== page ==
Grounds for Dissolving a Civil Partnership

A Civil Partnership is brought to an end by one party issuing a petition for dissolution and obtaining the benefit of a Dissolution Order.

Once a Dissolution Order has been obtained from the court then it ends all of the legal duties and responsibilities that the parties to a Civil Partnership have towards one another.

There is only one ground for the dissolution of a Civil Partnership and that is that the partnership has broken down irretrievably. However, it is necessary for one of the parties to establish one or more of four facts in support of any petition for dissolution.

The four facts are as follows:

  1. Unreasonable Behaviour – It is necessary to establish that one party to the partnership has behaved in such a way that the other party cannot reasonably be expected to live with them.
  2. Desertion – Where one party has deserted the other for a period of at least two years.
  3. 2 years separation with consent – This arises when the parties have lived separate and apart from each other for a continuous period of at least 2 years and both parties consent to dissolving the partnership. In certain circumstances it is possible for both parties to have remained living in the same home during the 2 year period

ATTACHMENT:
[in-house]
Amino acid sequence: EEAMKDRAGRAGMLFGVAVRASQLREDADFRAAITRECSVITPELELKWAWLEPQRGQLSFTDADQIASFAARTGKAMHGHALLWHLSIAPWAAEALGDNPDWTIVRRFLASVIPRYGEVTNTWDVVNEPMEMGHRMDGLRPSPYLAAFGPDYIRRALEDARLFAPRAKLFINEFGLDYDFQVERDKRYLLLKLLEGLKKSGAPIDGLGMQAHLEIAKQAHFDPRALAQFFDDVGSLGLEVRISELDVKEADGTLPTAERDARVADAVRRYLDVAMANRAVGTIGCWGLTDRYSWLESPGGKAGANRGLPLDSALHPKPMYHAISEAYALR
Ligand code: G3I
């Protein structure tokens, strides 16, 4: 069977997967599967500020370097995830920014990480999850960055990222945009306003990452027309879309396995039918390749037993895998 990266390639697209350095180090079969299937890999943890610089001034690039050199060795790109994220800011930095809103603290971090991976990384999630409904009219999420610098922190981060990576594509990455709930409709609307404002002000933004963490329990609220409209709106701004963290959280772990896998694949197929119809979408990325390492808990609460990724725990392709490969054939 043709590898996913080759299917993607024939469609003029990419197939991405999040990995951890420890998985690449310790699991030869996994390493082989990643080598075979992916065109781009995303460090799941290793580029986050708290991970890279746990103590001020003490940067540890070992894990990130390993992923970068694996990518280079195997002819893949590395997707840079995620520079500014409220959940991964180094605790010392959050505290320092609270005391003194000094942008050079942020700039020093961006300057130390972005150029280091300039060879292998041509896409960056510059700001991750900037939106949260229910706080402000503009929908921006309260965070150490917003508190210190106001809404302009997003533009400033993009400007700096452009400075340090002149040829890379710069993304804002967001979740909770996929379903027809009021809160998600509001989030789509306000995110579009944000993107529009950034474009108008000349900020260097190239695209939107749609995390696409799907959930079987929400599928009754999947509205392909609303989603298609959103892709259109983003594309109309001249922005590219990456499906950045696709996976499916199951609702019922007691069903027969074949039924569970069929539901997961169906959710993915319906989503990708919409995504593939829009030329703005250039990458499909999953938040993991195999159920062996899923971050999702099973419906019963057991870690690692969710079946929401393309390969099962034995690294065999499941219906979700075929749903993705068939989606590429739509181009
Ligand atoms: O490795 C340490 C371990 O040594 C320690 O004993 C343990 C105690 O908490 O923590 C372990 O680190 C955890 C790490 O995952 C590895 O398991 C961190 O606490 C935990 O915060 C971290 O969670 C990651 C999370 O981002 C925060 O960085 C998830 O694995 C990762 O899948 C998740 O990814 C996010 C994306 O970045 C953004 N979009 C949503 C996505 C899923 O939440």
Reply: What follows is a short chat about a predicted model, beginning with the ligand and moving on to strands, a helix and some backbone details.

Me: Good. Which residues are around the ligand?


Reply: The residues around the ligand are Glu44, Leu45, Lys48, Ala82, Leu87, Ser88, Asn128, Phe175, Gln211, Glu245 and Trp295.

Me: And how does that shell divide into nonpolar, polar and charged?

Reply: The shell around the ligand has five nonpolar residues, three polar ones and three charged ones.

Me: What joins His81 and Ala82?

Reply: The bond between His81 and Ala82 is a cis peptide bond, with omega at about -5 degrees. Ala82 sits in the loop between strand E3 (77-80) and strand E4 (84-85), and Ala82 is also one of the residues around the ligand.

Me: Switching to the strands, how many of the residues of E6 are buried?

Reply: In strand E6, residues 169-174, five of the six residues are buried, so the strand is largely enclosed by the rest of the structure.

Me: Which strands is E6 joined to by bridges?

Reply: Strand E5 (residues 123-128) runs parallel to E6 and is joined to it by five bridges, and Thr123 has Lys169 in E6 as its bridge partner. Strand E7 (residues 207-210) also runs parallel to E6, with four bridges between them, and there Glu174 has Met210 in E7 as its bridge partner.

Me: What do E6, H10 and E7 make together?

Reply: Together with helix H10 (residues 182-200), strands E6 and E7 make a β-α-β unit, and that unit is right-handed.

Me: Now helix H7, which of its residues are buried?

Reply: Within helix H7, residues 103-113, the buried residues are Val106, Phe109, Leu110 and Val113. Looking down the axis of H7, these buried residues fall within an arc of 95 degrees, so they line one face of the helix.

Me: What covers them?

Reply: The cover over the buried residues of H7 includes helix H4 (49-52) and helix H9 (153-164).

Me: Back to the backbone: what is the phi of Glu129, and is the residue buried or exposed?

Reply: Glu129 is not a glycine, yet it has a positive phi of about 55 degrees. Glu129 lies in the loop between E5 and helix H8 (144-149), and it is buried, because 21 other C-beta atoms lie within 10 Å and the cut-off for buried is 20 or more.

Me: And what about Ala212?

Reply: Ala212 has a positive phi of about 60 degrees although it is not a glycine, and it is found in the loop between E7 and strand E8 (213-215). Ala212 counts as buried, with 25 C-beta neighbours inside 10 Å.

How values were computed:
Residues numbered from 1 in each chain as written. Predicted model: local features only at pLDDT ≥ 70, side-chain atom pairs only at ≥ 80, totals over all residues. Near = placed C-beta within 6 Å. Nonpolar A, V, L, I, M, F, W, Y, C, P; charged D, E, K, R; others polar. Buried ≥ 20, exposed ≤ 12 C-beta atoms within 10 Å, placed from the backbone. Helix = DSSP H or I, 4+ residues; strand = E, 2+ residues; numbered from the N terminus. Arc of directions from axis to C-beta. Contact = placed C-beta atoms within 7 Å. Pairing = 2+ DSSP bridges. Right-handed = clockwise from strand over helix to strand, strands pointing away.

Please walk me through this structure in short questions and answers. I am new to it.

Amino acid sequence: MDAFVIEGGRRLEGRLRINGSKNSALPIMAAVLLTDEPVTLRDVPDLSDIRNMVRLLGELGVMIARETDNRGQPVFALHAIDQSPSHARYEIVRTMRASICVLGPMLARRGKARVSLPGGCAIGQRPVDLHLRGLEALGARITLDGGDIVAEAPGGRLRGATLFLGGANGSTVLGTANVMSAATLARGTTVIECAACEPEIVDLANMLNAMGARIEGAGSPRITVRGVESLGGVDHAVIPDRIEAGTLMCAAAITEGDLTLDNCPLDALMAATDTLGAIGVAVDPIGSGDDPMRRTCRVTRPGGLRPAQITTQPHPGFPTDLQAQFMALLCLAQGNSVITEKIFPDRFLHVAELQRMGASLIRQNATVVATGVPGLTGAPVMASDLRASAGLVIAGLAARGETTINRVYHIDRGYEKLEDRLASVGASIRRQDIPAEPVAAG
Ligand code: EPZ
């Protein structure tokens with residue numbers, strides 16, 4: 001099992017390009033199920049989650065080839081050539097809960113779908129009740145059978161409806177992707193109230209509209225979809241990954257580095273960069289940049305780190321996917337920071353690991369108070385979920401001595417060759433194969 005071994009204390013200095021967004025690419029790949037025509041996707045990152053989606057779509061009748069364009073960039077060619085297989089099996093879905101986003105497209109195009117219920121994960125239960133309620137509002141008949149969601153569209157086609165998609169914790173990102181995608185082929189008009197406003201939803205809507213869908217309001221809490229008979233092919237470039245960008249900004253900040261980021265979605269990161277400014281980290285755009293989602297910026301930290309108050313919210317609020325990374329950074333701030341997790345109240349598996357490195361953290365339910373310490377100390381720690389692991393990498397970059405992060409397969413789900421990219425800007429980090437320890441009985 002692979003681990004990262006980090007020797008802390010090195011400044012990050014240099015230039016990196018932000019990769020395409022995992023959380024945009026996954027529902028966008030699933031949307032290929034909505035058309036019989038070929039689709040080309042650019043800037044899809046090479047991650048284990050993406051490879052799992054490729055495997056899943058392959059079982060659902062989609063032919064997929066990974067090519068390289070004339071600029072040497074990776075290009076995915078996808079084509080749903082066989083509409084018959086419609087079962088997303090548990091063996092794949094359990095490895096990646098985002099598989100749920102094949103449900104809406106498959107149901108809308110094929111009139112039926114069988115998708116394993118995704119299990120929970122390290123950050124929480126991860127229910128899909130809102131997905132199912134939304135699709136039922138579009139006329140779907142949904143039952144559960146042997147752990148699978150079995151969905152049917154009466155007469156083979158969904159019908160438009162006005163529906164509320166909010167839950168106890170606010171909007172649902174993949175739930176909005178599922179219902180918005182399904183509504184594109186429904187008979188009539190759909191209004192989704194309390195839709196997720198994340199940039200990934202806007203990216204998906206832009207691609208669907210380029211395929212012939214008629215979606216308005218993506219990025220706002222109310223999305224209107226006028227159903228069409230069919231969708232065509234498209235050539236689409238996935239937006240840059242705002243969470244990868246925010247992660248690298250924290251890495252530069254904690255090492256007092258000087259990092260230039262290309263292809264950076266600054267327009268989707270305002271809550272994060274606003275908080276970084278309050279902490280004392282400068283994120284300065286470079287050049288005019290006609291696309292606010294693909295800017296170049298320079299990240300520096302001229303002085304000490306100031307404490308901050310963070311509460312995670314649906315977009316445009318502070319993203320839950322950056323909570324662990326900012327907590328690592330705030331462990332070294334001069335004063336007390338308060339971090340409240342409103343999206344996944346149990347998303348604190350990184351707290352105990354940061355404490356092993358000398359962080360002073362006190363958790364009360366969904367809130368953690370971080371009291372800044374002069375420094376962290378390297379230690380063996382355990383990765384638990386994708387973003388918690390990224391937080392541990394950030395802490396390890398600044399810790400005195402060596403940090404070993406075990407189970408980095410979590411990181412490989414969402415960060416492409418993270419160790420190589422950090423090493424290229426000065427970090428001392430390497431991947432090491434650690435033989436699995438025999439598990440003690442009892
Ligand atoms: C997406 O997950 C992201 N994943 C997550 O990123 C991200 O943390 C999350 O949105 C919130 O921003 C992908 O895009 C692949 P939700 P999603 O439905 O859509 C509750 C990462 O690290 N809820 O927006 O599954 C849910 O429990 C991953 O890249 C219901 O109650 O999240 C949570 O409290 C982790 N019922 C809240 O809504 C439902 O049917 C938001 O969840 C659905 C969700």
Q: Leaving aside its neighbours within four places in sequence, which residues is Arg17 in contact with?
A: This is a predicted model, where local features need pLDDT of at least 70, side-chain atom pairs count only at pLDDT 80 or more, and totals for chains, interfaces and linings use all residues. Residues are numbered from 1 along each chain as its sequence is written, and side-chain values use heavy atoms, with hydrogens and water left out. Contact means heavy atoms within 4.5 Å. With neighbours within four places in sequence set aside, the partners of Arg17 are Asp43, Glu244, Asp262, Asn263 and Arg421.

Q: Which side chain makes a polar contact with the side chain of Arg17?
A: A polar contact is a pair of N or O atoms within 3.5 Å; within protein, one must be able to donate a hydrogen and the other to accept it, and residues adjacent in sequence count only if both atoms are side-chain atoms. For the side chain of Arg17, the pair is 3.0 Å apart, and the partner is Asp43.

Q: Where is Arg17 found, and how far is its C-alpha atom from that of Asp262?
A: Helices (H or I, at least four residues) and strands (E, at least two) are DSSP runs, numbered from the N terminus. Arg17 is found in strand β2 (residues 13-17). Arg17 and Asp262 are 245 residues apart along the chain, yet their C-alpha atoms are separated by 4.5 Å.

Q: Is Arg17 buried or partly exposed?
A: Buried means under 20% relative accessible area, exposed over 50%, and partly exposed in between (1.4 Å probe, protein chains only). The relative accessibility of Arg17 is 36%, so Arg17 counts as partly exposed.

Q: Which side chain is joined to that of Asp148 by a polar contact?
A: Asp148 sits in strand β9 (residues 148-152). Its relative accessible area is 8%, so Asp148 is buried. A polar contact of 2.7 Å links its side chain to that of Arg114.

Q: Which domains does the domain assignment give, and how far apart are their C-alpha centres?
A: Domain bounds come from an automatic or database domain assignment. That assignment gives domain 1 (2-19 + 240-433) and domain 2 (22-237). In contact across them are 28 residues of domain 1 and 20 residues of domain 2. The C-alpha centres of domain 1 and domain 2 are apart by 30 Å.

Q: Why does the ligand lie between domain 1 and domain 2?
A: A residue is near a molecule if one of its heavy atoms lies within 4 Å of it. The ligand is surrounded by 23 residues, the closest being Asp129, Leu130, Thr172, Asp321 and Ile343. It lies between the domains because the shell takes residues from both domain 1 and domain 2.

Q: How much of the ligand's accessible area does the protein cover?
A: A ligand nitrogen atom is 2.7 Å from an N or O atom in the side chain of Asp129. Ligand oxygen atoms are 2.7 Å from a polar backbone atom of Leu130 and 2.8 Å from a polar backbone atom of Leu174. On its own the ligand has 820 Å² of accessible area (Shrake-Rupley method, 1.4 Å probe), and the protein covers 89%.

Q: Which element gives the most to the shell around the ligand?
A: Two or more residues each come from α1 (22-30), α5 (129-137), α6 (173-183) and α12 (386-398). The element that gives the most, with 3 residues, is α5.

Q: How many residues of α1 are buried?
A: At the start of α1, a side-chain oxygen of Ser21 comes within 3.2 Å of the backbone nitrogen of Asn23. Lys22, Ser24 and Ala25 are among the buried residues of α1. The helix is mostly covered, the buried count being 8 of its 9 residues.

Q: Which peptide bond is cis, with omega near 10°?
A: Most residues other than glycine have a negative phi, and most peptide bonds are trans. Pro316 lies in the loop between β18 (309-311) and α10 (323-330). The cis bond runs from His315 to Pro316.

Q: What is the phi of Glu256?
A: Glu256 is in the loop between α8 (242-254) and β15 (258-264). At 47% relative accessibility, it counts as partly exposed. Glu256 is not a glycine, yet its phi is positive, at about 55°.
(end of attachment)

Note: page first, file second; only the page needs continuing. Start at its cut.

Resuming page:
4. 5 years separation – When both parties to the partnership have lived separate and apart for a continuous period of at least 5 years. It is not necessary for the parties to give their consent.

We are able to help you prepare a petition for dissolution and fully explain the procedure to you.

Fixed Fee Divorce - for more information click here.

For legal advice contact Paul Ireland Solicitors on 01925-694899
or via email